I was not familiar with this “revival” but my curiosity was piqued–so I ordered the two books
David had recommended regarding this spiritual phenomenon.

The impetus…two elderly octogenarians, one blind, literally laid on the floor prostrate
before God immersed in a state of deep and earnest prayer…seeking a promise.
They did this for three nights each week until their prayers were fulfilled.

David offers a bit of background…
These ladies carried a burden so great that they prayed on their faces in front of the
peat fire in their crofter’s cottage three nights a week.
Three nights a week for months on end these two ladies persistently cried out to God in Gaelic
claiming a promise from Scripture:
I will pour water upon him that is thirsty, and floods upon dry ground (Isaiah 44:3).
Their burden was for the folk of their parish, especially the young.
They had no idea of when God might answer their prayer,
or of how God might answer their prayer.

https://nwelford.wordpress.com/2018/02/15/clean-hands/
https://nwelford.wordpress.com/2018/03/08/a-distant-generation/

With my small corner of the world being currently consumed by all things new baby, I’ve
not had the time nor opportunity to delve further into the story of the Revival nor of the
Scottish minister, Duncan Campbell, who played a key instrumental part in the Revival.
Not until last evening when I finally managed to crack open the small blue book,
The Price and Power of Revival by Duncan Campbell, taking in a couple of pages before
closing my eyes from the weight of a month plus of pure exhaustion.

When I first read David’s initial post regarding this revival and of these two
elderly women who came before God entreating Him to fulfill a promise…
the promise of pouring water and floods upon a dry thirsty ground,
I was actually moved to tears.

Whereas their prayers were for their entire community, their focus was primarily
on the youth of their community.

These two humble elderly women believed God…without doubt…
and they believed in His promises…
so it was only natural that they went about imploring God to fulfill His promises.

The faith of a mustard seed…
a tiny smallness in which greatness is found.

Oh so simple and yet oh so profound.

They believed.
They prayed.
Their earnestness and honest heartfelt prayers, in turn, answered in miraculous fashion.

Duncan Campbell offers the following…

The Divine in the human:
In God’s creative plan, man holds a unique place,
distinct in this respect that he alone of God’s creation is capable of God-consciousness.
“This consciousness, or feeling,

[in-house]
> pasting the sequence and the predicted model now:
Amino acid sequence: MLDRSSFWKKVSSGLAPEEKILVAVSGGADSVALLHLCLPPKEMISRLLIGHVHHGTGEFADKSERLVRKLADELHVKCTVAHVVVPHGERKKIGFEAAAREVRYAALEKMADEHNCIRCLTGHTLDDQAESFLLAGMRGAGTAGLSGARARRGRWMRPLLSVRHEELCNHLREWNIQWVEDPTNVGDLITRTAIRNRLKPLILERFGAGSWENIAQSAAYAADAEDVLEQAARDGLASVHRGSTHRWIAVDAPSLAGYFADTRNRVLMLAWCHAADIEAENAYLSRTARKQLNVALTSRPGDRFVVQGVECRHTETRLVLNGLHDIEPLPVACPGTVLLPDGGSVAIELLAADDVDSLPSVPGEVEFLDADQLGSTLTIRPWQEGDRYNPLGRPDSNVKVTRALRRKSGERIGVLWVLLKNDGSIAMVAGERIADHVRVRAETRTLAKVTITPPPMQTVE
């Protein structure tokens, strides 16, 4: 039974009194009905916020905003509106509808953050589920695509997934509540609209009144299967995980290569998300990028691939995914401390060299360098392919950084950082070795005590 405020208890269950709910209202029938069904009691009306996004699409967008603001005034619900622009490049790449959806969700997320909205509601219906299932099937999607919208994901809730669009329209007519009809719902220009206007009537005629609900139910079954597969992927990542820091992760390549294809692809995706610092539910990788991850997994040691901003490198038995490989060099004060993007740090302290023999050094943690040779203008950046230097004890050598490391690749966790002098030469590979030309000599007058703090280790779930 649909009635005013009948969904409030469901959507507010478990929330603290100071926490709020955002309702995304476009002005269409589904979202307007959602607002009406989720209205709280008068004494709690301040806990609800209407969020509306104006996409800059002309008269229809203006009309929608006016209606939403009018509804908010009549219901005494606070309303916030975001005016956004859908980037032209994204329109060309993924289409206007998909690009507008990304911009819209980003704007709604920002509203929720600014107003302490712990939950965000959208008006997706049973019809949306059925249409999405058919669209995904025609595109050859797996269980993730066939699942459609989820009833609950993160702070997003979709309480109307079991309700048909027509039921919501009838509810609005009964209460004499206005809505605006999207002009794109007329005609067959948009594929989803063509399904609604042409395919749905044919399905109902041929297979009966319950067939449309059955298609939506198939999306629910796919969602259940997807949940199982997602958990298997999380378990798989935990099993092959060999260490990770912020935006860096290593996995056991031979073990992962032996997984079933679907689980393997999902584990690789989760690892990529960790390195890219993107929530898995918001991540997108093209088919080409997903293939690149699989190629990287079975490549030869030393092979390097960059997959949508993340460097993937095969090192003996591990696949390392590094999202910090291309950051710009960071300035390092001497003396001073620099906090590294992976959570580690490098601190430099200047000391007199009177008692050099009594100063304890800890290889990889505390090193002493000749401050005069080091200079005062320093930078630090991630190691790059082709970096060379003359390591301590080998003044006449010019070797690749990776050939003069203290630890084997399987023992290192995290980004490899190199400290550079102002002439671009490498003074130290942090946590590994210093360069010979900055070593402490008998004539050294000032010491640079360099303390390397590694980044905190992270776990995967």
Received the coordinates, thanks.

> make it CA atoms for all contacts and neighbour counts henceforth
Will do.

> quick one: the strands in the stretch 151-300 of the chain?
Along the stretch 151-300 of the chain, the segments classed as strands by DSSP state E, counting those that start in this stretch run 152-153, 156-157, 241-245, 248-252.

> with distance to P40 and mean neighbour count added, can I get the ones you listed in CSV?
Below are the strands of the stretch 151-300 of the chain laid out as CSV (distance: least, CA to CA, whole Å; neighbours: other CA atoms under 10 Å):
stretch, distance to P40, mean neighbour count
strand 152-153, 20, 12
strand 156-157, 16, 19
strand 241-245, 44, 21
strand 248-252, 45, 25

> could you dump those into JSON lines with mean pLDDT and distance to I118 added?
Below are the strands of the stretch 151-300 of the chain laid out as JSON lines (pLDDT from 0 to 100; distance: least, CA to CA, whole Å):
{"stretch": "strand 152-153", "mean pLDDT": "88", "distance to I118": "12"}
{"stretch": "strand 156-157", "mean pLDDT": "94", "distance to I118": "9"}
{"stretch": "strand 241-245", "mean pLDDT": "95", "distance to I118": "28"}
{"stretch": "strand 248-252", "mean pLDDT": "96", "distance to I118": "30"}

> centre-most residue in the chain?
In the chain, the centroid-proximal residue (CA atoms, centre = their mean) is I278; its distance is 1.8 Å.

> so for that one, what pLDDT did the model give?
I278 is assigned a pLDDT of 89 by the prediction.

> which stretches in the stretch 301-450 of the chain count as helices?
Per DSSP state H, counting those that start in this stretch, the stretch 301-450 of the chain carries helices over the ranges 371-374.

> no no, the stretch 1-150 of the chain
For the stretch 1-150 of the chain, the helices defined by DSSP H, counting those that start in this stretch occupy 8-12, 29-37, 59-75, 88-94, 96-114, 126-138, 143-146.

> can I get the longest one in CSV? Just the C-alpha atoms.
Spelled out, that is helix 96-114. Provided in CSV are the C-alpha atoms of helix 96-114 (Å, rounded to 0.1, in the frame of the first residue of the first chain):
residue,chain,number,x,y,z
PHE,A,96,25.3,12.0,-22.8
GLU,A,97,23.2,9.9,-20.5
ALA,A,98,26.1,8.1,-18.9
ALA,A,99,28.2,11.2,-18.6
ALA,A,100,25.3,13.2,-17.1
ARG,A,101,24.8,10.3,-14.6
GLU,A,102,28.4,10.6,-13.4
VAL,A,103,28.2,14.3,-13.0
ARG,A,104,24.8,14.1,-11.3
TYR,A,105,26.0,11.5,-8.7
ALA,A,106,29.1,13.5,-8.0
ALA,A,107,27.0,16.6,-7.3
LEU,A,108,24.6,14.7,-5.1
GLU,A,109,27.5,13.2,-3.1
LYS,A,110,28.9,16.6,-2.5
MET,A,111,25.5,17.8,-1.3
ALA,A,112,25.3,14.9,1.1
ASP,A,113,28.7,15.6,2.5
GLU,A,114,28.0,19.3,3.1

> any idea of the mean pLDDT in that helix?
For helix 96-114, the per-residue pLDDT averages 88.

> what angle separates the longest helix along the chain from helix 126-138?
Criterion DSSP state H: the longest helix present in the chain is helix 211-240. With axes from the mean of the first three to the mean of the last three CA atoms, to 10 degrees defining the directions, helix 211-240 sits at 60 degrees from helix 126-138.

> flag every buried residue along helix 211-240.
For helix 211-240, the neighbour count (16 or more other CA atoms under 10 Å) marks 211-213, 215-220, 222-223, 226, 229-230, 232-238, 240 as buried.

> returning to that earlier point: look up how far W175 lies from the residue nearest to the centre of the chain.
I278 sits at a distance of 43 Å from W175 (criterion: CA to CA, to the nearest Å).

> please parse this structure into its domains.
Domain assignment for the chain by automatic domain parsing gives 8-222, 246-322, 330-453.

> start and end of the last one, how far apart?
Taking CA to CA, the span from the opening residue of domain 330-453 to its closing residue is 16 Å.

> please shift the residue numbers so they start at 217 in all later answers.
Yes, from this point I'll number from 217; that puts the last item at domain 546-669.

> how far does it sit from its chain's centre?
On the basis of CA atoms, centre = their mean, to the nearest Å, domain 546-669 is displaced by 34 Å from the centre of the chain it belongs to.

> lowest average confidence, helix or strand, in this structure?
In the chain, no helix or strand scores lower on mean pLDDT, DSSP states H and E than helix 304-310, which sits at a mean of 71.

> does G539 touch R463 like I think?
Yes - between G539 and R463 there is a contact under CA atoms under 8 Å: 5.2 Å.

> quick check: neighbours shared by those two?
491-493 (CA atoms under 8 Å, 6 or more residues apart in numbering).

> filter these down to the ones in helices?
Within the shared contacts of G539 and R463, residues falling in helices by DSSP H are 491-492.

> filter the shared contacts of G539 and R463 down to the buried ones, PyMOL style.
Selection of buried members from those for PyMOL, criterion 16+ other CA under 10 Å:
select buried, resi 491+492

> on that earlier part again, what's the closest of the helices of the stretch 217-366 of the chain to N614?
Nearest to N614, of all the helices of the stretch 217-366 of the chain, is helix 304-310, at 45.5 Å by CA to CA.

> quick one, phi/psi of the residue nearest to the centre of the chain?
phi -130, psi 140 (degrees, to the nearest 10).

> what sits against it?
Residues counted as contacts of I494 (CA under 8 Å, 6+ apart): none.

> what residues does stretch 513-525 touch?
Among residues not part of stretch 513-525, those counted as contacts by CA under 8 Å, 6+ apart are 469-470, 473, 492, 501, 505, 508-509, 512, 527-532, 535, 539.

is as much a verity as any other fact of human consciousness:

The notion of ‘God-consciousness’ is something that I think lies buried within the heart each
and every human being…be it dormant or not.

And it is the moving of the Spirit which awakens this sleeping giant.

I’ve recounted this little story before but it came flooding back when I
had read David’s post…

Years ago when I was a teenager, still in high school, I was running errands with
my “godmother” who was the wife of the dean of our Chruch. Ours was an Episcopal
Cathedral so the lead priest of an Episcopal Chruch is known as a dean.

They were a deeply spiritual couple who were actually actively involved in the current
spiritual revival taking place within the Catholic and Episcopal denominations known
as the Charismatic Movement.

This was during the mid 70’s…it was a time of cultural settling yet spiritual growth
following the contentious 60’s.

I don’t recall how our conversation got on the subject but my godmother commented
on the obvious curiosity behind my apparent draw to a deeper spirituality…
this given the fact that I was an angst-filled teenager whose family was not exactly
the most religious–
So how in the world I had stumbled upon my current path of a Spiritual journey,
all of which seemed more than a bit odd, was beyond her soul…

But she had a clue…

From first glance, I was not exactly one who others would imagine to be a deeply seeking person…
seeking deeply what Catherine Marshal called “Something More” —
which was the title of one of her numerous books and one that I just happened to be reading.

Knowing my history…that I had been adopted, my godmother turned to look me in the
face and proceeded to tell me that she believed someone who had known of me and of
my existence had prayed…
that someone had prayed for me for all these years…
as those prayers had been directing my path all these years…

And so yes, we pray earnestly because we have been told to pray without ceasing…
God has made us a promise and He will not turn a deaf ear to that promise…

For I know the plans I have for you, declares the Lord, plans for welfare and not for evil,
to give you a future and a hope.

Jeremiah 29:11